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This latest charge follows on the heels of the RCP’s suggested that Hillary Clinton was doped going into the last debate.

Next accusation? It was Hillary who groped women’s pussies (and bragged about it), not the RCP.

Saucy

Last night, I made my first batch of spaghetti sauce with meatballs since I underwent you-know-what and that selfsame YKW destroyed and/or adversely altered my taste buds.

The very idea of tomatoes nauseated me, beginning with my first tentative tastes of food back in mid-April up until very recent weeks.

The tastes of various foods, though, don’t seem to sicken me so much of late. My tastes vary wildly from day to day, as is normal for neck chemoradiation patients on the rebound. Some days I can make out a wide variety of tastes, if ever so slightly. Other days everything I put into my mouth tastes like corrugated cardboard, meat and bread especially. I’ve been slowly exposing my pie trap to tomato sauce in the last couple of weeks. Like a tablespoon of some Classico® Four Cheese red sauce added to my olive oil, butter, and white wine concoctions, poured over cavatappi, say.

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Experiment Ingredients

See, I haven’t wanted to make my own (far superior) spaghetti sauce because if the stuff still sickened me, I’d get all depressed and have to dump out that huge potful. But I felt a little frisky this weekend. Devil-may-care, you know?

So I took the plunge. Man, it felt good to roll out those meatballs, one half ground sirloin and one half ground pork. I chopped my onion and garlic and sniffed my fingertips for my first such odoriferous treat in more than ten months.

I will say this: My honker still works awfully gosh-darned well, so there’s that.

As an aside, back in the early ’80s I had a roommate who’d been raised in backwoods Kentucky. He had, shall we say, a lot of backwoods Kentucky in him but he wanted in the worst way to be a city guy. He tried cooking what would be viewed as an exotic dish by a Kentuckian for me and my then-girlfriend. It had garlic in it, which, to a lot of Murricans at the time, was the equivalent of putting a dash of nitroglycerine in their food. For the next week or so, he scrubbed his hands constantly, even going so far as submerging his fingertips in lemon juice for hours at a time because he’d heard that’d get rid of the smell of garlic. I asked him why he was so worried about the smell of garlic on his fingers. He said, “Because garlic smells horrible.” I said, “No it doesn’t.” We gave each other looks that said, You’re deranged.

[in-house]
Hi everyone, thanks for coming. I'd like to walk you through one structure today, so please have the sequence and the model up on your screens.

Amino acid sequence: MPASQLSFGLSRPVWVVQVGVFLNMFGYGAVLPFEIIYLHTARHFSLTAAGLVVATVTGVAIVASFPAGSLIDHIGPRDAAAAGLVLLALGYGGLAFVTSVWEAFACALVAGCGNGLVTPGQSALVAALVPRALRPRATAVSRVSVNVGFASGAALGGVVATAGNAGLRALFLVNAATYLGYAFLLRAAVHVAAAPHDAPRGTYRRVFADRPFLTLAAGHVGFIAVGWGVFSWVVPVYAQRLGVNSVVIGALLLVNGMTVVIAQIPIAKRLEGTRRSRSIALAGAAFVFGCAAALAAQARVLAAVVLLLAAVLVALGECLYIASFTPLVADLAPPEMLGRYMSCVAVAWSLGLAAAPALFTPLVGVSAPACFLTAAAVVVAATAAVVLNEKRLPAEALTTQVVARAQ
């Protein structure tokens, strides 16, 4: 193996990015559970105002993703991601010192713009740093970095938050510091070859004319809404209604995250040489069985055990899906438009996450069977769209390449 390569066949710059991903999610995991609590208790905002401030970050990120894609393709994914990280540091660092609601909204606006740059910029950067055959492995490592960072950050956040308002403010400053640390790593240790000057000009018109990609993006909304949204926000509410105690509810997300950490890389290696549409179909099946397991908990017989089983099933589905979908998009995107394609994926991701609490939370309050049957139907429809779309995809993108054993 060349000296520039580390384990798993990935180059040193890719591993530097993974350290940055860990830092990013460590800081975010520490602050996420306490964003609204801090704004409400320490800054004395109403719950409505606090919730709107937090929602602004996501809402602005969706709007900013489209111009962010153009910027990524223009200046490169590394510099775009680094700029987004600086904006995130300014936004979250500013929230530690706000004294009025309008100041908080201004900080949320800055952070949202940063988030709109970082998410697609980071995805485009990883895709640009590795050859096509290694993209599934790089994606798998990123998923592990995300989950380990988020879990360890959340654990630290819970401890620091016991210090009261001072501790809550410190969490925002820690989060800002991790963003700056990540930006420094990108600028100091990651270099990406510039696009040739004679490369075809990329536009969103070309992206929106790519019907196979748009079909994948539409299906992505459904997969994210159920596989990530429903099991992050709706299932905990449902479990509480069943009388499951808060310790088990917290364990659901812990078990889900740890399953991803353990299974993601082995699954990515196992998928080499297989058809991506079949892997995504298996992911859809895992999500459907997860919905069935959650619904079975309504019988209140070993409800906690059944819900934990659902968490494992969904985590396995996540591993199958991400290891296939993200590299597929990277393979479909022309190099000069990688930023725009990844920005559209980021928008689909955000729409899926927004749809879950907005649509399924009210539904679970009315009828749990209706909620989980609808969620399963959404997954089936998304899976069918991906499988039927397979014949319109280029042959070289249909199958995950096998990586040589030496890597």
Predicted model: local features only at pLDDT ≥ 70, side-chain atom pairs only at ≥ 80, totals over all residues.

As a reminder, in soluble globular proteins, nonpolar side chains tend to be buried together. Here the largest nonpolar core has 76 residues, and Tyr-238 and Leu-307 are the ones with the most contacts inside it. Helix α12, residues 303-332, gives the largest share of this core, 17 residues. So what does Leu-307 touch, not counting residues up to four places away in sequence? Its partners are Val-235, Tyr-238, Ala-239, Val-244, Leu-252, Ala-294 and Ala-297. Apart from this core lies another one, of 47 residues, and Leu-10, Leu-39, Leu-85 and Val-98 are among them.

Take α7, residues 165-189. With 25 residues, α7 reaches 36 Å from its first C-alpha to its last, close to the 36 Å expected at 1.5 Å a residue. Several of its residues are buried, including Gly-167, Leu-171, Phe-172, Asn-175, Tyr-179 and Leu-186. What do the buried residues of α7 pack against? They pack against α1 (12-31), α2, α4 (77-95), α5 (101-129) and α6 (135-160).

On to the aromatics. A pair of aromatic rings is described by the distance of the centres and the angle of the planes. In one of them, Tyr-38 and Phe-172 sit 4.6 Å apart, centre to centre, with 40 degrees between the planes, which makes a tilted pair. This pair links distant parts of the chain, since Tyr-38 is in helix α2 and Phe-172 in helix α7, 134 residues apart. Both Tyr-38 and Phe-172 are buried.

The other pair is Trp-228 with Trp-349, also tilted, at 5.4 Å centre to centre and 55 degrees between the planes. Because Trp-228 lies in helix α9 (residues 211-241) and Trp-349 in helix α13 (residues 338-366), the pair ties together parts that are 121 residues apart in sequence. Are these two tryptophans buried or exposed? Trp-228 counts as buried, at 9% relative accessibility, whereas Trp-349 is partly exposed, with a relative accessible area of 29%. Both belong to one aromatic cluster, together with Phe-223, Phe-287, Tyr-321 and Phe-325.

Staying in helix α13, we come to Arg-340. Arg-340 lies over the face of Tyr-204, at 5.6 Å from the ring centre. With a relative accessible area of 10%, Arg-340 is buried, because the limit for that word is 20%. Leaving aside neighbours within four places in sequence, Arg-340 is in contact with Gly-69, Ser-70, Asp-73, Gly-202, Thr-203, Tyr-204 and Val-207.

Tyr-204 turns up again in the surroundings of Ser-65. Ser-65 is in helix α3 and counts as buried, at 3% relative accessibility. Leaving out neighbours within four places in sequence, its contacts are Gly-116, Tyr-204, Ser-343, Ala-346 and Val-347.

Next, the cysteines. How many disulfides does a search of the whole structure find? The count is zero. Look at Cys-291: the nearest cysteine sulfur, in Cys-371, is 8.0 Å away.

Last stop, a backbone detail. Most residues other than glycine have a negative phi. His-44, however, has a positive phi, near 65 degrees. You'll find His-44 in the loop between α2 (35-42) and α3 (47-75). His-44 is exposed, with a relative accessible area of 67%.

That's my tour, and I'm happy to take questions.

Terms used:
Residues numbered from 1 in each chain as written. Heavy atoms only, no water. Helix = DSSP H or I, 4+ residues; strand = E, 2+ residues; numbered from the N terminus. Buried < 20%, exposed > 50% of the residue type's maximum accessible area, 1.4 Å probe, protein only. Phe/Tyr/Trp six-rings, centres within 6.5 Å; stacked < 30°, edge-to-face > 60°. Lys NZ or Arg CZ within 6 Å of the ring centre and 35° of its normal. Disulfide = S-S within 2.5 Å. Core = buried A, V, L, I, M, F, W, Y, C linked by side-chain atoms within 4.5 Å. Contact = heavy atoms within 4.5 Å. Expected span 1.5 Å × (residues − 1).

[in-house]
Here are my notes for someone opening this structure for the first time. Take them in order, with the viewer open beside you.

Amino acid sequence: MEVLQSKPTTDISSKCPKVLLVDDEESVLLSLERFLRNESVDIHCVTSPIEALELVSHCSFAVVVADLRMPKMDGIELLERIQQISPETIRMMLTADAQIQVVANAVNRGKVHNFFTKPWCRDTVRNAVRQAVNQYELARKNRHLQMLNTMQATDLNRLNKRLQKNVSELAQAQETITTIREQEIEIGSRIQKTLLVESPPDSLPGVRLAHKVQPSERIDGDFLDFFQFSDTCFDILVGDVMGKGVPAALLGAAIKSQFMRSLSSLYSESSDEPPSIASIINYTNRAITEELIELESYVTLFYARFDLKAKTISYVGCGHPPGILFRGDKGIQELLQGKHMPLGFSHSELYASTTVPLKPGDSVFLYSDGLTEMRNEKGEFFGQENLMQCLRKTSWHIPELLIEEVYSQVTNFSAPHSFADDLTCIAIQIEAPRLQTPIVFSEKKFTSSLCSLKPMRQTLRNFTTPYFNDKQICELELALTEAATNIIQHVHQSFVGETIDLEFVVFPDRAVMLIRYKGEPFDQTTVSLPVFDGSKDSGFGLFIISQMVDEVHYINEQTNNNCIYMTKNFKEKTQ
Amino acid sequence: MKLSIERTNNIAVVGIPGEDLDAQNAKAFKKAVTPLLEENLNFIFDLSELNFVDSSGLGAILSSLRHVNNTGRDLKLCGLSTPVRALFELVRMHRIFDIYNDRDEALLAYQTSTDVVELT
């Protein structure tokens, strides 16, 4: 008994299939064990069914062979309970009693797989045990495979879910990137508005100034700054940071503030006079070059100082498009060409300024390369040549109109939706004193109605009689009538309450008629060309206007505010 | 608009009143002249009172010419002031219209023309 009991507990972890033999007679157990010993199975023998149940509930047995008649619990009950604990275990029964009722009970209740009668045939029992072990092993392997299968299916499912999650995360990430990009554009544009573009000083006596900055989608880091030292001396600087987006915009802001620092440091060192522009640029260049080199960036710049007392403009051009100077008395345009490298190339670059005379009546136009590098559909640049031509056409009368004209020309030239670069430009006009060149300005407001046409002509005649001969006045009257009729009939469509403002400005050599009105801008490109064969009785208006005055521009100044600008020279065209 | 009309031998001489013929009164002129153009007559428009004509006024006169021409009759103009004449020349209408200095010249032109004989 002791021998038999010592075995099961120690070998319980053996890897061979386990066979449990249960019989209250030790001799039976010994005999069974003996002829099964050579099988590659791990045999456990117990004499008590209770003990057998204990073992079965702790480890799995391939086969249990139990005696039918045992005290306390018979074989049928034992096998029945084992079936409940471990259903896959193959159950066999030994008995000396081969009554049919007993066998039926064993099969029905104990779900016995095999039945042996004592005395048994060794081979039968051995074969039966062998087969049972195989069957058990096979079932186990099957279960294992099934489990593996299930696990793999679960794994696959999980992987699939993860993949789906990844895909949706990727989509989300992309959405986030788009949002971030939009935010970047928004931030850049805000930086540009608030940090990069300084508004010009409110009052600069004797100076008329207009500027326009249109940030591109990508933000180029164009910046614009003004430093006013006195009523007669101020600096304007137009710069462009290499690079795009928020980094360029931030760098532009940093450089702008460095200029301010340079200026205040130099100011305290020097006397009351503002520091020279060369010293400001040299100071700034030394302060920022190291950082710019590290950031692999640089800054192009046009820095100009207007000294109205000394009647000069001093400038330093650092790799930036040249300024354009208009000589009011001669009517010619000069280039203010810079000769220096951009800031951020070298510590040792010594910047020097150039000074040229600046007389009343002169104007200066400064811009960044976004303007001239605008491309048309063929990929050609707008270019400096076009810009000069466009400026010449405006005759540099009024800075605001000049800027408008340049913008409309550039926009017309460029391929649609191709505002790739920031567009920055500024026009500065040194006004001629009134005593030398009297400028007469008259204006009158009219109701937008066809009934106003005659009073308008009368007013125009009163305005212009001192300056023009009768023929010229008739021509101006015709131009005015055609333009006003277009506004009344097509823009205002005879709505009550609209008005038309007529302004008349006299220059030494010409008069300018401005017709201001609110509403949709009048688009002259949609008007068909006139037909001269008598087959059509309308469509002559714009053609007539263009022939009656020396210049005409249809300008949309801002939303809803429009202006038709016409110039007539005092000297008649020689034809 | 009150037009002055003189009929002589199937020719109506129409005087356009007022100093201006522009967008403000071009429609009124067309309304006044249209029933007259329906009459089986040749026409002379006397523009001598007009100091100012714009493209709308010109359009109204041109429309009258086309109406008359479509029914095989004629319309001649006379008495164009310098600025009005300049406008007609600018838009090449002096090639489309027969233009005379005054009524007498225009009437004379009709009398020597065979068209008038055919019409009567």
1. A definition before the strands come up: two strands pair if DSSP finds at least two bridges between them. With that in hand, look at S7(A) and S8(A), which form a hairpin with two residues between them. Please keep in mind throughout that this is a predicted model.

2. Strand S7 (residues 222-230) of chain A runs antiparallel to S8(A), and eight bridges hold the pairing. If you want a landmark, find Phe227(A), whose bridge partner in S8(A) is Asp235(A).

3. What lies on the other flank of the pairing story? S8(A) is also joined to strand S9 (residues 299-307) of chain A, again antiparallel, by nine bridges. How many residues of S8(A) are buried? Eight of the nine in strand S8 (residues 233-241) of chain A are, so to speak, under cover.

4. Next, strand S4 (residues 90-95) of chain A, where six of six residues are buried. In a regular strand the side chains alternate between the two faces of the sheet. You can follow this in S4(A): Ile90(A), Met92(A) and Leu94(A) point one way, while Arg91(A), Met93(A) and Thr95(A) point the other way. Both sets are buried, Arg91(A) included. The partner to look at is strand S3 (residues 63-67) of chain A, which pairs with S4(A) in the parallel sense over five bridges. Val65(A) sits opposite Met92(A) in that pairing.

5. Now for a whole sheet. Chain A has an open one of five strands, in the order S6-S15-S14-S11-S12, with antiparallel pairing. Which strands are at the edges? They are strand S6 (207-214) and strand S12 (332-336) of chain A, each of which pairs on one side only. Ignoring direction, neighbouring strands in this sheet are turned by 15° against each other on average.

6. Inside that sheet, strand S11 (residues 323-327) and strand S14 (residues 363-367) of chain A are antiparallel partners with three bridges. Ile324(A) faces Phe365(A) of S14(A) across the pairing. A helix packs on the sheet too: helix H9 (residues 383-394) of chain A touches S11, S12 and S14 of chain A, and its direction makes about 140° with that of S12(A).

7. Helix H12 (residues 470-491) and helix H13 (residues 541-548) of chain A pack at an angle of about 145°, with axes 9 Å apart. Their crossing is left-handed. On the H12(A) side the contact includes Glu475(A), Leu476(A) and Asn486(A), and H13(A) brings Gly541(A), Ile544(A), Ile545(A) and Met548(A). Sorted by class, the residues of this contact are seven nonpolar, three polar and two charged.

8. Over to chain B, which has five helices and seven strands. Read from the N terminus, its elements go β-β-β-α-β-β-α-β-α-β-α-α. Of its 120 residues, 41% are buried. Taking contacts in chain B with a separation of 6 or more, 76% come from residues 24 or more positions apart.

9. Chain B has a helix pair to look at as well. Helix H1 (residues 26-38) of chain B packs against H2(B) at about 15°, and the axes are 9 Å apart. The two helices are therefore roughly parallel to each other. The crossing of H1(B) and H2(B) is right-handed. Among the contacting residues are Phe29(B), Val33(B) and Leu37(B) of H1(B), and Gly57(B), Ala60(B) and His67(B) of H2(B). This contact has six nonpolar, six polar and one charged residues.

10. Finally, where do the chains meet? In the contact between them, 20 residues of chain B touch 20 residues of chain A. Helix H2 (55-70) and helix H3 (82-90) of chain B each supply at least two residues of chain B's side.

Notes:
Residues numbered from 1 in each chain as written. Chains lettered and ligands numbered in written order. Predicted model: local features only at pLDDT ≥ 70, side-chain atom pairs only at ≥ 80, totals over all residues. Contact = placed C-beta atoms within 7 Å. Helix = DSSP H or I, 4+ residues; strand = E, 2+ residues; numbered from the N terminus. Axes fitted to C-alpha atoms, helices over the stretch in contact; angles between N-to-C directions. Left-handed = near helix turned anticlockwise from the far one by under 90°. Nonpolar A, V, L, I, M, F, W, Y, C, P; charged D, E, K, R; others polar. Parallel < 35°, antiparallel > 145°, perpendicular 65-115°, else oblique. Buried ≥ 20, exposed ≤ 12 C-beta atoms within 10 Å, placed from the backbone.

Anyway, I simmered my sauce for a good three hours and, at about 11pm, fished out a couple of meatballs and dunked some crusty hearth bread into it. The verdict? Meh. I could barely taste the stuff.

Which, as I say, is a great improvement. At least the pomodori aren’t making me want to hork anymore.

A Vestige Of Penury

Speaking of those long-ago days of the last century, I spent my first afternoon since the ’80s in a laundromat Saturday. Our washing machine is on the fritz — and ain’t that a chestnutty idiom from a million years ago? — so I had to lug our soiled duds over to the lavanderia next to the Little Caesar’s just off 3rd Street on the East Side.

(BTW: that “pizza” outfit styles its name w/o an apostrophe, begging the question, was the operation named for Gaius Julius Caesar or for him and all the successive Caesars? No matter, it’s yet another reason for you to withhold your custom from it. I’ll give the co. credit, though, for spelling Caesar correctly. Did you know the cognomen (family name) that eventually became the official title for the Roman Empire’s boss of bosses came down to us, lo these many centuries later, in the forms of czar and kaiser? It was pronounced, in the classical Latin, KAI-zahr, the first syllable rhyming with eye.)

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Were Caligula and Nero involved as well?

Thankfully, the place was empty. I imagine everybody was busy getting ready for the IU football team’s homecoming game that evening.

Funny thing is, even though I’ve got quarters to spare these days, I still tossed them into the machines as if, in the words of Mike Ditka, they were manhole covers. The washing machines offered me no choice — it’s two bucks a load, period. The dryers, though, are a different story. You get six minutes per quarter, so I started off with twelve minutes. Naturally, that wasn’t long enough so I dropped another quarter in when that cycle had finished, even though I knew only one more quarter wouldn’t be enough to complete the job. Nevertheless, I wasn’t about to take the chance that I’d feed the machine any unnecessary quarters. Then I had to add another and still another before I was satisfied my clothes were dried. Only they really weren’t.

It is always so in a laundromat. Since I was a dopey 21-y.o., fresh from moving out of my parents’ crib, I’ve always taken laundry that was ever-so-slightly damp in certain areas home from the laundromat. I’d be damned — and I’ll still be damned today — if I was gonna give the laundromat one quarter more than needed.

One thought on “Hot Air: Speaking In Riddles

  1. Candy says:

    Funny thing is…at home, where you don’t need to “drop quarters”, you still leave the clothes slightly damp. Ya nut!